This article was published in Australian Dictionary of Biography, Volume 13, (MUP), 1993
Edith Coleman (1874-1951), naturalist, was born on 29 July 1874 at Woking, Surrey, England, daughter of Henry Harms, carpenter, and his wife Charlotte, née Edmunds. Edith was educated at Holy Trinity and St Mary's National School, Guildford, Surrey, and, after her family arrived in Melbourne in 1887, at Camberwell State School. From 1889 to 1898 she taught at six state schools in Gippsland, Maryborough and suburban Melbourne. On 7 April 1898 at Christ Church, South Yarra, she married with Anglican rites James George Coleman, a salesman and pioneer motorist.
Joining the Field Naturalists' Club of Victoria in 1922, Edith Coleman immediately delivered a paper, 'Some Autumn Orchids', which exemplified the knowledge, love of nature and pleasing style that were to characterize the contributions she sent from her Blackburn home to the Victorian Naturalist for twenty-nine years. Her prolific output of natural history notes and papers was also published in the press, popular nature magazines, and in one or two scientific journals.
Through a series of papers (1927 to 1933) in the Victorian Naturalist, Coleman recorded her discovery of the pollination of three Cryptostylis orchid species by the Ichneumon wasp, Lissopimpla semipunctata, via the insect's pseudo-copulation with the orchid flower that resembles the female Ichneumon. Her descriptions 'created enormous world interest', and confirmed and extended overseas research on orchid pollination by insects. A member of the Australian Orchid Society, she published in its journal, as well as in the London periodicals, Orchid Review and Journal of Botany.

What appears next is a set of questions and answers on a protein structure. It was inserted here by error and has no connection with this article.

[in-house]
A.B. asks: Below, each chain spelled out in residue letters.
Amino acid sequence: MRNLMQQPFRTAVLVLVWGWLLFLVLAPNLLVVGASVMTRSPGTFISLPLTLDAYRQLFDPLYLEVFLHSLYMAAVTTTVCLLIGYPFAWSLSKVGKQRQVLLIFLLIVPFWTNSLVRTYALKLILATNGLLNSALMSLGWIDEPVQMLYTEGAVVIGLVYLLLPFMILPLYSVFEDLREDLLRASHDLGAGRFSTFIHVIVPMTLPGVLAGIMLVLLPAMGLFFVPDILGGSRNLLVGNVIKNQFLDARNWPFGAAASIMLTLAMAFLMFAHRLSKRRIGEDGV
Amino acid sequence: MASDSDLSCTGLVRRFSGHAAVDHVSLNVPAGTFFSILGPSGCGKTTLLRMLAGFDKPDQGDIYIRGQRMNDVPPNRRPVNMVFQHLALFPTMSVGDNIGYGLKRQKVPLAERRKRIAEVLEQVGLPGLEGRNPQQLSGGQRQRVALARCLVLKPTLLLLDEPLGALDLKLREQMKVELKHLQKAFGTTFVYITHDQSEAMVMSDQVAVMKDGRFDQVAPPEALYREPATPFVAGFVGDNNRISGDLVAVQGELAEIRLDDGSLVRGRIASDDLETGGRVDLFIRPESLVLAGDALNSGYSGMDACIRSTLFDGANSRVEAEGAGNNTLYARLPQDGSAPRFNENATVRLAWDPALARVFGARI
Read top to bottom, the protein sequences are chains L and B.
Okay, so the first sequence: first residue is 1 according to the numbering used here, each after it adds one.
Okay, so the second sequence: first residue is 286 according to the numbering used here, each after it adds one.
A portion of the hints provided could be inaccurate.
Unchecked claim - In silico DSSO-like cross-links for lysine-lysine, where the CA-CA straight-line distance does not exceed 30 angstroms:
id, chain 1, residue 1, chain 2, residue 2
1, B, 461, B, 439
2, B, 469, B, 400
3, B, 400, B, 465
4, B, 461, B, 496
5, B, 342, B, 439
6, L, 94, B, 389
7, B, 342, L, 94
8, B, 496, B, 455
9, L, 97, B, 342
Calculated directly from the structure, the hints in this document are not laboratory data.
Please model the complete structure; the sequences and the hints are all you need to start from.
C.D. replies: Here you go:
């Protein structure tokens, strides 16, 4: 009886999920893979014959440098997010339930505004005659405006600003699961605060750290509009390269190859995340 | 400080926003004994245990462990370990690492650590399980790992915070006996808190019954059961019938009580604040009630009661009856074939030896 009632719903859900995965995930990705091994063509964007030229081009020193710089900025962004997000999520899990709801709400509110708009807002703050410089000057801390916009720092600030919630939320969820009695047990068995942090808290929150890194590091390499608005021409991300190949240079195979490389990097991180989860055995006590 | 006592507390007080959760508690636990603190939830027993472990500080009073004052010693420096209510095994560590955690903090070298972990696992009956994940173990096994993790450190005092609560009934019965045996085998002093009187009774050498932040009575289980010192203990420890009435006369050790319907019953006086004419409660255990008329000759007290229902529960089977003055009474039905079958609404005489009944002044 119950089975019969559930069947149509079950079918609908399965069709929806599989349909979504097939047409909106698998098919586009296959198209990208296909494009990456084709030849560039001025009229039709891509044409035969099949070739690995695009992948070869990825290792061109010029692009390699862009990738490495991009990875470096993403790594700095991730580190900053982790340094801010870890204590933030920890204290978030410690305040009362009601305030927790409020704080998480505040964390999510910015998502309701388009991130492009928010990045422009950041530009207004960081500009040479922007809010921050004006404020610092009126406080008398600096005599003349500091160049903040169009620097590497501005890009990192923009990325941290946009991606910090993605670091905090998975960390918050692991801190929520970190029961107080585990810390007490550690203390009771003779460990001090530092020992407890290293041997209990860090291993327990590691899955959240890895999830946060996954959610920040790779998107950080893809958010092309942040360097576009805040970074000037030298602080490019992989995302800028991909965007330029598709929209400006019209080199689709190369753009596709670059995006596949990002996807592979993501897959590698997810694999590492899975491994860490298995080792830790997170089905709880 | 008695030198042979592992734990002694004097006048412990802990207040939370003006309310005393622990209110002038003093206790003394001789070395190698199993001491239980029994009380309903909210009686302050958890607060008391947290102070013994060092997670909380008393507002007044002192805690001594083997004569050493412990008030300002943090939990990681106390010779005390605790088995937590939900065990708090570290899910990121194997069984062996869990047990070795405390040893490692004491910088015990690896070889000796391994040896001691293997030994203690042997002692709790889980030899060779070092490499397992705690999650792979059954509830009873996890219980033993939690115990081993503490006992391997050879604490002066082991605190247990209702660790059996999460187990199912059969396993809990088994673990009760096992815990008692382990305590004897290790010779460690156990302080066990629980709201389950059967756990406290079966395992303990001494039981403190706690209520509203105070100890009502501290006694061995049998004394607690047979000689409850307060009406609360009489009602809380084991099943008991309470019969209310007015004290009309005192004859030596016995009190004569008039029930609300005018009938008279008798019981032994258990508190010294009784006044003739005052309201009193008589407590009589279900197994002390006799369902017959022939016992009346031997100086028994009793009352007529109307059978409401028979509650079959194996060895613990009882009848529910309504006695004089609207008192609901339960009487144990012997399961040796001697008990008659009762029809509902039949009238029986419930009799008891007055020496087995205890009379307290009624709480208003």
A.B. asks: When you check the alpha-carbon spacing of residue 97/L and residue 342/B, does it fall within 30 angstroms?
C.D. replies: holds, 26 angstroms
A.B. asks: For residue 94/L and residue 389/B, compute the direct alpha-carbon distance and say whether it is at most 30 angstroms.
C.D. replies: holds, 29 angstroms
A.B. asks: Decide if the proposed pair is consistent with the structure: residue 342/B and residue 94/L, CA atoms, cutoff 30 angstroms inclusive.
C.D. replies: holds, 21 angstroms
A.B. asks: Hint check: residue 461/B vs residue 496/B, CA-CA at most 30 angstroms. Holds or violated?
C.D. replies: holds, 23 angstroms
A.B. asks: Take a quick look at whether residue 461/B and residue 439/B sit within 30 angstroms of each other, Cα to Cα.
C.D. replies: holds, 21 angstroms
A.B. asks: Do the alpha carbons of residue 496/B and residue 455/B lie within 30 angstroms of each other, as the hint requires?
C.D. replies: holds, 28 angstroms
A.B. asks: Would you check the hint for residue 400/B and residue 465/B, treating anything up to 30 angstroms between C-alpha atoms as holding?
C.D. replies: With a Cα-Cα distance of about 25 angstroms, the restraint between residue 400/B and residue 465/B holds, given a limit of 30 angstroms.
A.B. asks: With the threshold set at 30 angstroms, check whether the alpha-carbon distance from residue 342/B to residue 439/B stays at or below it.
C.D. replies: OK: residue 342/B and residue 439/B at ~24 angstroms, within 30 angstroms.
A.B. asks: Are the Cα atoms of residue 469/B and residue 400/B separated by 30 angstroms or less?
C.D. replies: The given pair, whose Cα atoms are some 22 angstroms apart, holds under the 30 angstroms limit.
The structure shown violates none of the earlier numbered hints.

Other botanical subjects in which Coleman was interested ranged from the description of new species to the pollination of yucca in Australia by hive bees, and from medicinal and culinary herbs to the movements of plants and the spread of mistletoe. Her article, 'The Romance of Kipling's Dittany' (1940), was a delight of botanical folk-lore and herbal history. She studied animal life with equal ease and precision. While sometimes anthropocentric in expression, her observations were never without a naturalist's quest for the truth, whether touching 'the graceful courtship parades' of huntsman spiders, or the habits of the mountain grasshopper, pipe fish, lizards, phasmids, bats, case moths or her engaging echidnas. In addition, she compiled ornithological observations on the clustering of woodswallows, the pre-roosting flocking of common mynahs, the feeding habits of the tawny frogmouth, the use of herbs by birds and the nocturnal singing of budgerigars during rain after drought. Her daughter Dorothy regularly assisted her with drawings and observations.
The first woman to receive the Australian Natural History medallion (1949), Coleman generously helped beginners in natural history. Although English by birth, in her Come Back in Wattle Time (1935) she wrote—as an Australian—of the many soldiers in World War I who had received a tiny spray of wattle that 'whispered something deeper than ''Come Back"'. During World War II she raised money for the Australian Red Cross Society through sales of Angelica seeds from her garden. She died on 3 June 1951 at Sorrento, Victoria, and was buried in the local cemetery; her husband and two daughters survived her.
Allan McEvey, 'Coleman, Edith (1874–1951)', Australian Dictionary of Biography, National Centre of Biography, Australian National University, http://adb.anu.edu.au/biography/coleman-edith-9784/text17291, published first in hardcopy 1993, accessed online 31 January 2015.
This article was first published in hardcopy in Australian Dictionary of Biography, Volume 13, (MUP), 1993